Texas Attorney General Ken Paxton honored his dinner date with Amber Briggle, a mother of a transgender child who's fighting for his right to use the bathroom. In an Equality Texas press release, Briggle said Paxton and his wife Angela met with her family on Thursday evening at their home in Denton.
The Briggles cooked a meal of beef shish kabobs from a local ranch, watermelon, blueberry cobbler and cornbread in the shape of Darth Vader's mask. The Paxtons brought dessert.
Paxton agreed to have dinner with the Briggles after Briggle challenged him and Lt. Governor Dan Patrick and other Texas leaders to sit down for dinner and get to know them before they push forward laws that discriminate against families he and others are sworn to protect.
We Believe Local Journalism is Critical to the Life of a City
Engaging with our readers is essential to the Observer's mission. Make a financial contribution or sign up for a newsletter, and help us keep telling Dallas's stories with no paywalls.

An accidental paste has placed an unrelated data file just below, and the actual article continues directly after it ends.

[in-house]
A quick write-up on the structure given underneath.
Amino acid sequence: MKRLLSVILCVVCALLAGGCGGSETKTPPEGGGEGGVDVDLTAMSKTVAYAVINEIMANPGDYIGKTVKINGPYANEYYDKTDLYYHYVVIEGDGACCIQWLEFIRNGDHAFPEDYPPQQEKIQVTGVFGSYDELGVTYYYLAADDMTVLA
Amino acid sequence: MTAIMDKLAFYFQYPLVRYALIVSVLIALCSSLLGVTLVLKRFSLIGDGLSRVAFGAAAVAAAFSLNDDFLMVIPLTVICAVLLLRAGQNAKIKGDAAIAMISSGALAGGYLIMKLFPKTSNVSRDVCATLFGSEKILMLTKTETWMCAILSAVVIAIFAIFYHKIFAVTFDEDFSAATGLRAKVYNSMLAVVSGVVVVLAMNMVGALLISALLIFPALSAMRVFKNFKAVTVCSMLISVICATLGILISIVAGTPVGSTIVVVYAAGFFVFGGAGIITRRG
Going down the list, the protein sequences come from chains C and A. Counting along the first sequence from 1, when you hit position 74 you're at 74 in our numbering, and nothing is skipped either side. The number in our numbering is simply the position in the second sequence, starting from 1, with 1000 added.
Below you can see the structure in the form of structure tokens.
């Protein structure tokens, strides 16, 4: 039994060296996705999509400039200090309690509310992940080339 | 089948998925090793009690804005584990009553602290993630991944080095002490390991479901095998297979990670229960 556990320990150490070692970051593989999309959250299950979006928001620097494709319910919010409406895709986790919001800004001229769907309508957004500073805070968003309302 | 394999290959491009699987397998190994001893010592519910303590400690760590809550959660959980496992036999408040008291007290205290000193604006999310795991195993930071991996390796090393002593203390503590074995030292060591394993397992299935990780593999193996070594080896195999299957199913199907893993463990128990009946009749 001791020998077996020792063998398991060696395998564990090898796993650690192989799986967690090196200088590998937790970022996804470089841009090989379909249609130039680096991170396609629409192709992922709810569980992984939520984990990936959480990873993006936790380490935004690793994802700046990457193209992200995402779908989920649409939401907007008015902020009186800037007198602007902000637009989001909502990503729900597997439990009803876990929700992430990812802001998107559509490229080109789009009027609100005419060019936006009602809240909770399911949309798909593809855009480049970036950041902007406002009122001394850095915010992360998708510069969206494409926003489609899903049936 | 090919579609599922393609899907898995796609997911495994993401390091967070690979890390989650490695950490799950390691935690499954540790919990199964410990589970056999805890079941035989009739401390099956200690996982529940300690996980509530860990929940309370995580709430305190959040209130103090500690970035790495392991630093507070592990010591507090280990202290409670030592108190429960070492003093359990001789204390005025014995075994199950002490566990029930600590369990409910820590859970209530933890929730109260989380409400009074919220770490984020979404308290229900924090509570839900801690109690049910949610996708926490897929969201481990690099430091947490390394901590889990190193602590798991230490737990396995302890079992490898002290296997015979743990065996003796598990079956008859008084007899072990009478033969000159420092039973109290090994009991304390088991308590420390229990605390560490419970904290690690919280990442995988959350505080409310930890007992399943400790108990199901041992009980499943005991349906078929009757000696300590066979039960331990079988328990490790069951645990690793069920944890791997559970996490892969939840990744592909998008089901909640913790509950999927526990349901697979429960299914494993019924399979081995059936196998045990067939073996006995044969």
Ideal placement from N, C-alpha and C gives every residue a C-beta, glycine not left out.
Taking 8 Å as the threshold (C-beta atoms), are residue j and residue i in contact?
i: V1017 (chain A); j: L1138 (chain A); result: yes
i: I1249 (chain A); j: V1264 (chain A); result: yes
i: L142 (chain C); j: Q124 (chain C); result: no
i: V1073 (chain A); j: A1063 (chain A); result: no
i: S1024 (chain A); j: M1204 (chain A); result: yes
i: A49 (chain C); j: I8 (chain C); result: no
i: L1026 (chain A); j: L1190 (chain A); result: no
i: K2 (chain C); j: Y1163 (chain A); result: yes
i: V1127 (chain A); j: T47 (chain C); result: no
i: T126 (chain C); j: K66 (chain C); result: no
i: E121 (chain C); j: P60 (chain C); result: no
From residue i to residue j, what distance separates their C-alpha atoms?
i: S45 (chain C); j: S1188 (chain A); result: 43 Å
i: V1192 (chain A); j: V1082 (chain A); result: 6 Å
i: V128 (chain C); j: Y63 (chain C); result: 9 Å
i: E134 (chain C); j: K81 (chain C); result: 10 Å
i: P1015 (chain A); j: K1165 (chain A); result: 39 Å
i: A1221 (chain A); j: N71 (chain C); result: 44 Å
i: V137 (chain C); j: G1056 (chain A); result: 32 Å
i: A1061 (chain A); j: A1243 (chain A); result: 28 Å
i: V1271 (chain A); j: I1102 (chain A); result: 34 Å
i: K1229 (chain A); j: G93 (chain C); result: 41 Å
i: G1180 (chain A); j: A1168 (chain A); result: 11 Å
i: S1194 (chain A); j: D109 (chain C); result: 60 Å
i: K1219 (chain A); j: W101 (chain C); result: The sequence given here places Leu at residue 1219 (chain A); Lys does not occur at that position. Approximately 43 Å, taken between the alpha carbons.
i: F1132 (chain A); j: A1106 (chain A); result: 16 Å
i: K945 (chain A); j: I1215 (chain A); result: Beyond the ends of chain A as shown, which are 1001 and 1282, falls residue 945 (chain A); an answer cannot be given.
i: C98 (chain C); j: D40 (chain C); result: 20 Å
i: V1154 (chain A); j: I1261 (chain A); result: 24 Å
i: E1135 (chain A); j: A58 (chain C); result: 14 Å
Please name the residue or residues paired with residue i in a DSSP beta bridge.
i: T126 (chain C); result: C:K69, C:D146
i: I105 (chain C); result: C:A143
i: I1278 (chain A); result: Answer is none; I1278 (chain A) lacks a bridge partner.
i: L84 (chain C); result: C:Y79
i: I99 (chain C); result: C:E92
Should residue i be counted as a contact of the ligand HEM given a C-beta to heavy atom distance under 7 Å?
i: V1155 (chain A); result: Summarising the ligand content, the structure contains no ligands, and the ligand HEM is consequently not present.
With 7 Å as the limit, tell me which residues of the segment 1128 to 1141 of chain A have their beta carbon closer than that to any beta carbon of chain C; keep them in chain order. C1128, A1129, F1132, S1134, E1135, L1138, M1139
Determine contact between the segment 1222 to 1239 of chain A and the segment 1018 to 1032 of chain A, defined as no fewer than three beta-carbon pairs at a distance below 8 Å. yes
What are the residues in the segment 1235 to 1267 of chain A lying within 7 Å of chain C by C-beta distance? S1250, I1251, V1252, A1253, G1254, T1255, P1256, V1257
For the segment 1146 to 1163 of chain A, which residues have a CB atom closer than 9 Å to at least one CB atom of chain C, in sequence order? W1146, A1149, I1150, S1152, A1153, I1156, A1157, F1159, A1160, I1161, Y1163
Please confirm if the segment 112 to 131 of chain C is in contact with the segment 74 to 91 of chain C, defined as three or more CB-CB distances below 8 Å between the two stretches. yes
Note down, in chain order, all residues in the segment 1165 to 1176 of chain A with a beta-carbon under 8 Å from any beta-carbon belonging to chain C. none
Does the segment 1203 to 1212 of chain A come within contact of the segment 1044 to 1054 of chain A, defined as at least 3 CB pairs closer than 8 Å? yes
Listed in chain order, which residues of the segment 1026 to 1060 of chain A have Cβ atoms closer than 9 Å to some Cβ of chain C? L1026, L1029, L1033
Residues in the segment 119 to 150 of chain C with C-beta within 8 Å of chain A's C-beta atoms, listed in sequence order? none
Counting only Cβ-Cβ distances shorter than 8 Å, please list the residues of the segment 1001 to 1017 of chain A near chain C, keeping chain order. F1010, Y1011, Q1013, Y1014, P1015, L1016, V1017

Support Our Journalism
"I invited Attorney General Ken Paxton to sit down with our family and get to know his constituents and fellow Texans," Amber Briggle wrote. "I am pleased the attorney general took the time to visit with our family and to meet our son and to have a conversation with our family. We are Texans, just like everyone else. My most important job in life is being a mom, and my son and his safety are my top priority. Since the attorney general has never met an openly transgender child, Adam and I felt that it was important for him to meet our amazing son, so that he could put a face to this issue.
"We expressed to him that it is his job as attorney general to protect the rights of all Texans, including transgender kids like MG," she added, "and we hope that after meeting our family he will see that these discriminatory lawsuits and actions put our child in danger and affect his ability to succeed in school."
Adam Briggle said he hoped that their dinner can change the tone of the public discourse over transgender people's rights and other LGBT issues. "The dinner table is where we gather to share and celebrate our common humanity — love and family, hopes and worries, laughter and tears. At our meal together, I think we all were reminded that behind the political disagreements, there are genuine and caring human beings who are striving to do the right thing as best as they can see it."
Paxton couldn't be reached for comment.